A little over a week ago, the amazing, inspiring, heroic folks running the All4Oregon vaccine site at the Oregon Convention Center vaccinated their 500,000th person. Absolutely mind-boggling. If you got your shot there, you know that its small army (which is made up in large part of Oregon National Guard soldiers and airmen and Coast Guard members) runs that place with efficiency and incredible care.
We were so proud that Metro could host the clinic, and our colleagues at the Oregon Convention Center have been absolute rock stars in the face of COVID, mass layoffs and the call to make their workplace safe for our community under the hardest circumstances.
Contact: General bond comments and questions: Beth Cohen, [email protected]
The natural areas oversight committee met for the second time Monday, May 24. The committee continued to learn about Metro’s parks and natural areas and lay foundations for the work ahead. A key focus of this meeting was to build a deeper understanding of the bond’s six programs and the committee’s role providing oversight and accountability to the bond refinement work as it unfolds.
The meeting minutes and recording will soon be posted on our website. The next committee meeting will be at the end of July and details will also be shared there.
Local parks and nature projects (local share)
Contact: Local parks and nature projects, Marcia Sinclair, [email protected]
Metro staff are putting the last touches on the local share materials park providers will use to submit priority projects. Priority projects can be submitted as early as June.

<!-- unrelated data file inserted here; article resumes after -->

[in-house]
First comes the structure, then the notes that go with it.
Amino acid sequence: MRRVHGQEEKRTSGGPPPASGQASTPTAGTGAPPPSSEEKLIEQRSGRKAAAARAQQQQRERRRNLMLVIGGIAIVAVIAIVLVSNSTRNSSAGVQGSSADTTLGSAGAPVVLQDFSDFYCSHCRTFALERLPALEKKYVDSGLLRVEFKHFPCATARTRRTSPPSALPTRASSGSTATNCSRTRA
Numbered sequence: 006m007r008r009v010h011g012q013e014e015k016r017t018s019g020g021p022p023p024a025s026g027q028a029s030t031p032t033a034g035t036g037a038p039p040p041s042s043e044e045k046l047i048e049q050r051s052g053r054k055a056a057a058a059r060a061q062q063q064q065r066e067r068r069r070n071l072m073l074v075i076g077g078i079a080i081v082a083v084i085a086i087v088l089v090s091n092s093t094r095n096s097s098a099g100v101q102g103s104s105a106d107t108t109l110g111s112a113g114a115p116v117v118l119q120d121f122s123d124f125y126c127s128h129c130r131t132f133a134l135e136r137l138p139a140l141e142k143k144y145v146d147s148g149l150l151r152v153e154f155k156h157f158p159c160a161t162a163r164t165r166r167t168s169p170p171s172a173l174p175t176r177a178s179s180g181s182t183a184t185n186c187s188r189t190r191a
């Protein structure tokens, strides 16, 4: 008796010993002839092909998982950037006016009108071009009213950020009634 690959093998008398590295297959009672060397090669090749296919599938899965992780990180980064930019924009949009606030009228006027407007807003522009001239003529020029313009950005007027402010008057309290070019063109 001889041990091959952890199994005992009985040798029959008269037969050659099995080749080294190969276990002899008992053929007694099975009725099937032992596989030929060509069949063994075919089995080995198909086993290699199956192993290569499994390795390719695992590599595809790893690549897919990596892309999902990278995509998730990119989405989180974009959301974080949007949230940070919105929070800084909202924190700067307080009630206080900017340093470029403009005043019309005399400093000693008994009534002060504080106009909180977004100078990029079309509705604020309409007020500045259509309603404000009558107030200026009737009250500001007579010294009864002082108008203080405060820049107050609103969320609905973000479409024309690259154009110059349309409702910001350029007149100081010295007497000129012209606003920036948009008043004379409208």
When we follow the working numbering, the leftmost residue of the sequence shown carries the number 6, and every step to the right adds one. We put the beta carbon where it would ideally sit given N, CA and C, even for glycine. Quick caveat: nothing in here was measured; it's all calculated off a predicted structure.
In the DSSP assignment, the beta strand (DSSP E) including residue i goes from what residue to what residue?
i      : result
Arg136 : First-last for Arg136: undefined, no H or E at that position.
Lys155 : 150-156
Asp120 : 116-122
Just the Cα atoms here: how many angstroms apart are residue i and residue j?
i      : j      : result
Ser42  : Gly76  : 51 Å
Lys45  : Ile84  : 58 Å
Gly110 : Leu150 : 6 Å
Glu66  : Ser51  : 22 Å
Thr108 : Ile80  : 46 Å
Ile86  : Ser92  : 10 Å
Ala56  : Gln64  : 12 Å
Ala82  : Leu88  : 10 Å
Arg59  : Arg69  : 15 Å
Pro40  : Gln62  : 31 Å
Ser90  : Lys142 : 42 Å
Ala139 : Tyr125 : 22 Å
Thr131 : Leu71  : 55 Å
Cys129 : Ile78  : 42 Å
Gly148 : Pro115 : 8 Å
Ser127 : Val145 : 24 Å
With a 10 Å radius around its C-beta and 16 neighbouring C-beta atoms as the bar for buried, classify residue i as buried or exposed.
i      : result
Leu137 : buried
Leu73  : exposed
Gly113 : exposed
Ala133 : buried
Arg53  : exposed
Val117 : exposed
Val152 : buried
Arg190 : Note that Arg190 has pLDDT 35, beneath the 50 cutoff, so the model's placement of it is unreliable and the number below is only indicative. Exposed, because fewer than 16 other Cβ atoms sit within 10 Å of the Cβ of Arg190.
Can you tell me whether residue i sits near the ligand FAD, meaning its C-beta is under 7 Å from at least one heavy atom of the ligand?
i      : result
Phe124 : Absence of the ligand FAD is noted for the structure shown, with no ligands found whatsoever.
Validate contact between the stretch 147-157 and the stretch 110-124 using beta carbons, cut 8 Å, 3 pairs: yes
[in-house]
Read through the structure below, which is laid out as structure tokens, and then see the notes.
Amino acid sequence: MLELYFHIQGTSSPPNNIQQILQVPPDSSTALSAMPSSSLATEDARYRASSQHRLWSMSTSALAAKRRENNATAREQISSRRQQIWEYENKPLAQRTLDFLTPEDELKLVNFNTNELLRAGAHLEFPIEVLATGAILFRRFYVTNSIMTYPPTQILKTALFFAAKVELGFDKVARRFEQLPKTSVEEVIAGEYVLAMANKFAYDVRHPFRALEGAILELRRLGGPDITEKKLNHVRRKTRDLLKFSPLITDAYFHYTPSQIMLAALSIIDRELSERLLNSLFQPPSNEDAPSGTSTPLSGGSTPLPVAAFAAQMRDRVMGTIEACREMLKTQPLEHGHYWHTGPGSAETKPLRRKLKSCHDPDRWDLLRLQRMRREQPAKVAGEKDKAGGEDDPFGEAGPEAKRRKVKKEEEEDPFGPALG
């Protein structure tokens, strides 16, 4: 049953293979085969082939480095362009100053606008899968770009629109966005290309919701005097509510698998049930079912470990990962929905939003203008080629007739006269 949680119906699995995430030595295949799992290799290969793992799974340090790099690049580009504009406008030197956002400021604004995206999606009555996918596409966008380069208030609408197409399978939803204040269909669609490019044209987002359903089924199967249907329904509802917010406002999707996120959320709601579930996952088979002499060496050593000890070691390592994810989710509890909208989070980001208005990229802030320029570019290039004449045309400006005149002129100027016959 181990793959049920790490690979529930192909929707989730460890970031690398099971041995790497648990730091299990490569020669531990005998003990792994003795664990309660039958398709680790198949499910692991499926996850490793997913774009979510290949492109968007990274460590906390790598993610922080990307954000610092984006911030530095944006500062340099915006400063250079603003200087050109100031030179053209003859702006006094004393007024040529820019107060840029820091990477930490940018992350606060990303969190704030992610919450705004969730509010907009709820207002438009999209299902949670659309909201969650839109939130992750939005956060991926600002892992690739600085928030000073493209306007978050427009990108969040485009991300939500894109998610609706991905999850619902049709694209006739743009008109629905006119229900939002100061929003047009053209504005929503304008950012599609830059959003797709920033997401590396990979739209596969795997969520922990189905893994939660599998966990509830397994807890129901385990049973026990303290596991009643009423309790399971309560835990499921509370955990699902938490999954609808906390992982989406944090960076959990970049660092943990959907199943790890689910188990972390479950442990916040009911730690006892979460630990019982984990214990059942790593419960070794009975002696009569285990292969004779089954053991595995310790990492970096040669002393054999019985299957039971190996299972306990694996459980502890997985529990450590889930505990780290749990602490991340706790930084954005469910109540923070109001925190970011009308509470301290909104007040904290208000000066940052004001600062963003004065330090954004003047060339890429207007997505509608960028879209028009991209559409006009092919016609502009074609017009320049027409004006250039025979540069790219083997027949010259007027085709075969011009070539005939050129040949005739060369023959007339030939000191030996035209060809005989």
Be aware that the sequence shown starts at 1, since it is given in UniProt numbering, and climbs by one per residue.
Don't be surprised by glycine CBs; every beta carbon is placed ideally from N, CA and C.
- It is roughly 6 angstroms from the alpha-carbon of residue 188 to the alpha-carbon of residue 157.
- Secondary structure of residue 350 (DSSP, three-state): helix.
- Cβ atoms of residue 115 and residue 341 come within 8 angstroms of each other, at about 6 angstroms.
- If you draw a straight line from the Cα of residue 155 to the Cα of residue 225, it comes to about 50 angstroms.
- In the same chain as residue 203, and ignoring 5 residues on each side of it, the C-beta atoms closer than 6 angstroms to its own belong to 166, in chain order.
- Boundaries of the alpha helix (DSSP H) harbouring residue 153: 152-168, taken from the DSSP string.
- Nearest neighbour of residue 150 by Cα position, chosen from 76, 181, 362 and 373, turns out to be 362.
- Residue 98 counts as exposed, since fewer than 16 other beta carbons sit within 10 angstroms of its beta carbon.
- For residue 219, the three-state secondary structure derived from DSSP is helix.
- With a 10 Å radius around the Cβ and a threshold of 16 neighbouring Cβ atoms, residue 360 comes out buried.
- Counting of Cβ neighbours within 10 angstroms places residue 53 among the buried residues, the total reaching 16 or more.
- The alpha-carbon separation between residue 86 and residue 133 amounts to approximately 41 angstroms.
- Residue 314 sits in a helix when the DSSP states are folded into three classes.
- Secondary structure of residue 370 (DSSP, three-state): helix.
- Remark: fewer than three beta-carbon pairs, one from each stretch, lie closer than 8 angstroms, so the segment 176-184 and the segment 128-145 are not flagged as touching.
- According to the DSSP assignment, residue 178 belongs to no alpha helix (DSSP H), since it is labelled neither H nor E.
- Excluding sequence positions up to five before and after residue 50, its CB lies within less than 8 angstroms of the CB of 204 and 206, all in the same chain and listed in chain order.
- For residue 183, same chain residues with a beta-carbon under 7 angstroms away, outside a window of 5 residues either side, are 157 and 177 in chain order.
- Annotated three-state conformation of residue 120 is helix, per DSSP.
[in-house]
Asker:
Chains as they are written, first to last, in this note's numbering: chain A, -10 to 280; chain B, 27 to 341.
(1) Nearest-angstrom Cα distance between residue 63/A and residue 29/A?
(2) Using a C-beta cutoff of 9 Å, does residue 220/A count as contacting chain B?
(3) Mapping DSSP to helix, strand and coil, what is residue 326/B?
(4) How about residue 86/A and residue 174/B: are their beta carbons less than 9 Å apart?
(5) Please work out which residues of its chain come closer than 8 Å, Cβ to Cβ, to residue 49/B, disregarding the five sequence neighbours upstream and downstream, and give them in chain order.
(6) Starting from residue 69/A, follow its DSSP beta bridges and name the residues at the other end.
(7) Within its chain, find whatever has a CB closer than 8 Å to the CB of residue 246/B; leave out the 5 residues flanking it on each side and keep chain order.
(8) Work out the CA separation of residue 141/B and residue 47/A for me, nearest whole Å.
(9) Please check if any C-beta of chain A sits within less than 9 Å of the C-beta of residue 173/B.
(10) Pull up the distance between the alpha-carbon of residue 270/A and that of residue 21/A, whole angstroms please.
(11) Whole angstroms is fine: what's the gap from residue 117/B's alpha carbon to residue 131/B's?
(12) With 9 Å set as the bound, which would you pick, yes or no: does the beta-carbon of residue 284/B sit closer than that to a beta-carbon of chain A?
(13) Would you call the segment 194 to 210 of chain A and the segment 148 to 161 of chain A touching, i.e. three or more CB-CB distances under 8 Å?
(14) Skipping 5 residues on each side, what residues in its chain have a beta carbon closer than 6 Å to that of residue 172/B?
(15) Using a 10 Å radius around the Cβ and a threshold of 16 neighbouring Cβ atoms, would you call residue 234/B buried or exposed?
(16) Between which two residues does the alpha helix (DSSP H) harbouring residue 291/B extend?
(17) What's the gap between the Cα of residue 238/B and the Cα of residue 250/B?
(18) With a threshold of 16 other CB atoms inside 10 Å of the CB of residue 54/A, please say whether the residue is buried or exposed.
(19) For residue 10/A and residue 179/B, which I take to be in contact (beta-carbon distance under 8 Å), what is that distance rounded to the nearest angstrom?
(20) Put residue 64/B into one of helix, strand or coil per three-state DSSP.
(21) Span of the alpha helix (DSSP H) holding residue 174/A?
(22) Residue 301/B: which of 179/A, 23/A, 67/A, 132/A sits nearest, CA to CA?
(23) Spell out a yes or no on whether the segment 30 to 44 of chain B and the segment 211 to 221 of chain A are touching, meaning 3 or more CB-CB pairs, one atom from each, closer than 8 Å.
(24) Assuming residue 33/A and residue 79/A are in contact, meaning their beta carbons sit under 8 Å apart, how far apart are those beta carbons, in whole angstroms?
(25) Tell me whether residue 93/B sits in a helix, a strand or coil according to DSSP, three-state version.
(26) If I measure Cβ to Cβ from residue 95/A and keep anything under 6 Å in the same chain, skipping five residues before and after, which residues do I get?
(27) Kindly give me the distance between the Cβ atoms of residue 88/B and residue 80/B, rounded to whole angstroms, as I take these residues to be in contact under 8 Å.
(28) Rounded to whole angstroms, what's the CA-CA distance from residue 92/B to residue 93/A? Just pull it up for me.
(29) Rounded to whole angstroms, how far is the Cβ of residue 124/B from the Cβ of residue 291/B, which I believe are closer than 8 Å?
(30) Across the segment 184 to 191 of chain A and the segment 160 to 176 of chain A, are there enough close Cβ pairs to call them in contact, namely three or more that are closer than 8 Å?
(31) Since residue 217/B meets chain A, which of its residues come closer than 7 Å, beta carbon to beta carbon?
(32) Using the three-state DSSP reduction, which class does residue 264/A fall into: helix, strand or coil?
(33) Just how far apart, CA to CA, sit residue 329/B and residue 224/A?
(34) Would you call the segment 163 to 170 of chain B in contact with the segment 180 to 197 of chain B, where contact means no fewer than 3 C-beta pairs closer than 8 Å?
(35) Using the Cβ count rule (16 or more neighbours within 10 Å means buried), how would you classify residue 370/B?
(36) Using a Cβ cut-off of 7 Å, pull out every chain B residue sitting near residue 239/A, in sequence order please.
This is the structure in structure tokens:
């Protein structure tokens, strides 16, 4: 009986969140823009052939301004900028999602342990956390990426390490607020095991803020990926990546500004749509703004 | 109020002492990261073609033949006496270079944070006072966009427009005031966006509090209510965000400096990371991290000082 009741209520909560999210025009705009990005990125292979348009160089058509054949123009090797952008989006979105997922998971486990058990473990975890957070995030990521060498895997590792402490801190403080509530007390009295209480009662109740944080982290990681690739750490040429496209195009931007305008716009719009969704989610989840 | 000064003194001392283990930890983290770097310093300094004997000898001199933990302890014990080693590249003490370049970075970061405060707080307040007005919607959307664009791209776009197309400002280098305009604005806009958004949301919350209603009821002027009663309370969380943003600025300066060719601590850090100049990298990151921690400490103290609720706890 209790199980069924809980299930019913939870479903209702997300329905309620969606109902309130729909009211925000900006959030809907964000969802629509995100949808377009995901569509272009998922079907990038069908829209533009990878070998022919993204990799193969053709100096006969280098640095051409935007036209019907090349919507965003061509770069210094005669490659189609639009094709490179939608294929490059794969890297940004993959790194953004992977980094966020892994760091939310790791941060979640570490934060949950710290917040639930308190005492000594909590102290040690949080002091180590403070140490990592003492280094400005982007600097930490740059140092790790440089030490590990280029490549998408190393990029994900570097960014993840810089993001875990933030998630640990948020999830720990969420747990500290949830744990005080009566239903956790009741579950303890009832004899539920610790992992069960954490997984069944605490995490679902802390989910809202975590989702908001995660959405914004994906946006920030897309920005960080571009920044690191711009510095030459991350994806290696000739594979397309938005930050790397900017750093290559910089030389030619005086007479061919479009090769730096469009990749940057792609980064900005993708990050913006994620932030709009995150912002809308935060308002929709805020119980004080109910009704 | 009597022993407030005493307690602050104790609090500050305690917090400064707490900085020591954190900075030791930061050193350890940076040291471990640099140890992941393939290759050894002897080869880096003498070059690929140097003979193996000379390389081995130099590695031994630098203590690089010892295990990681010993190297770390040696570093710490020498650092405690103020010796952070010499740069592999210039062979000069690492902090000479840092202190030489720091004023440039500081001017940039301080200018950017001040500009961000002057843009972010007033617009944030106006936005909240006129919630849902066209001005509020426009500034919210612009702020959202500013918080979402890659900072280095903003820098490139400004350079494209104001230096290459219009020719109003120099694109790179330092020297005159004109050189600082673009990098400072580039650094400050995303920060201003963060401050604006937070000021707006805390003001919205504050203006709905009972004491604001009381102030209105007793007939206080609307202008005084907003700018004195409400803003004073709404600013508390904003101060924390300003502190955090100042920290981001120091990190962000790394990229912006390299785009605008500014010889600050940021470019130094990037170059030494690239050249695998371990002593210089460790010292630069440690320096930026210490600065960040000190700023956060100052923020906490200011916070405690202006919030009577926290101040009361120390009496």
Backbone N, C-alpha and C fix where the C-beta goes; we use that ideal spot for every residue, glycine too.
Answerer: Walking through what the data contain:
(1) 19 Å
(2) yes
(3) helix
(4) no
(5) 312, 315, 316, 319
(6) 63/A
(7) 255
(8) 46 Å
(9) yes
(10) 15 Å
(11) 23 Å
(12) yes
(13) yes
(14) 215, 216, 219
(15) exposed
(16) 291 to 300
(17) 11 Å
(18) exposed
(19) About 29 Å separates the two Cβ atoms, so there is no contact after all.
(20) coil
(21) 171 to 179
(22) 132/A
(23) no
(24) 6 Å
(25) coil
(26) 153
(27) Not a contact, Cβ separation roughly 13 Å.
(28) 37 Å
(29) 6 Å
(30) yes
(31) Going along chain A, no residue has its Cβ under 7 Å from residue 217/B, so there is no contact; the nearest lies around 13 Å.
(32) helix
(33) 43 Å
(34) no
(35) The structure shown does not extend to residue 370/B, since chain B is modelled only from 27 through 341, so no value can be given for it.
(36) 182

Park providers have been engaging with and preparing to engage with their communities on priority projects for local share funds and we’re eager to continue conversations about moving towards intergovernmental agreement and project implementation when our partners are ready.
The local share program has a new home on the Metro website. You can find the local share handbook there now, and we’ll continue to update it with resources for park providers.
Walking and biking trails
Contacts: Walking and biking trails, Robert Spurlock, [email protected]
Community involvement: Humberto Marquez Mendez, humberto[email protected]
The walking and biking trails team hosted its first community engagement events since refinement kicked off. Humberto Marquez Mendez, who runs community engagement for the bond, worked with more than two dozen community organizations to invite Black, Indigenous and other people of color to the events. More than 110 people showed up to the two virtual events in late April, and we had help from two Spanish interpreters from IRCO, the Immigrant and Refugee Community Organization.
The turnout was beyond what we expected, and while we had to navigate tech issues, it was clear that virtual meetings are more than capable of fostering meaningful community engagement. The trails team presented an overview of the program, which buys property to connect sections of trails or extend trails along their planned routes. The team then asked participants to give their insights into what they want prioritized when we are buying those properties, things like safety, connections to work or access to nature.
The trails team is compiling and analyzing the feedback we got, and we hope to share that information with the community members who participated and with you later in June. We will also share other ways for you to shape the trails program. The insights we heard will be used to build a prioritization tool that will help trails planners focus their efforts and bond dollars on buying properties that best fulfill what matters most to community members.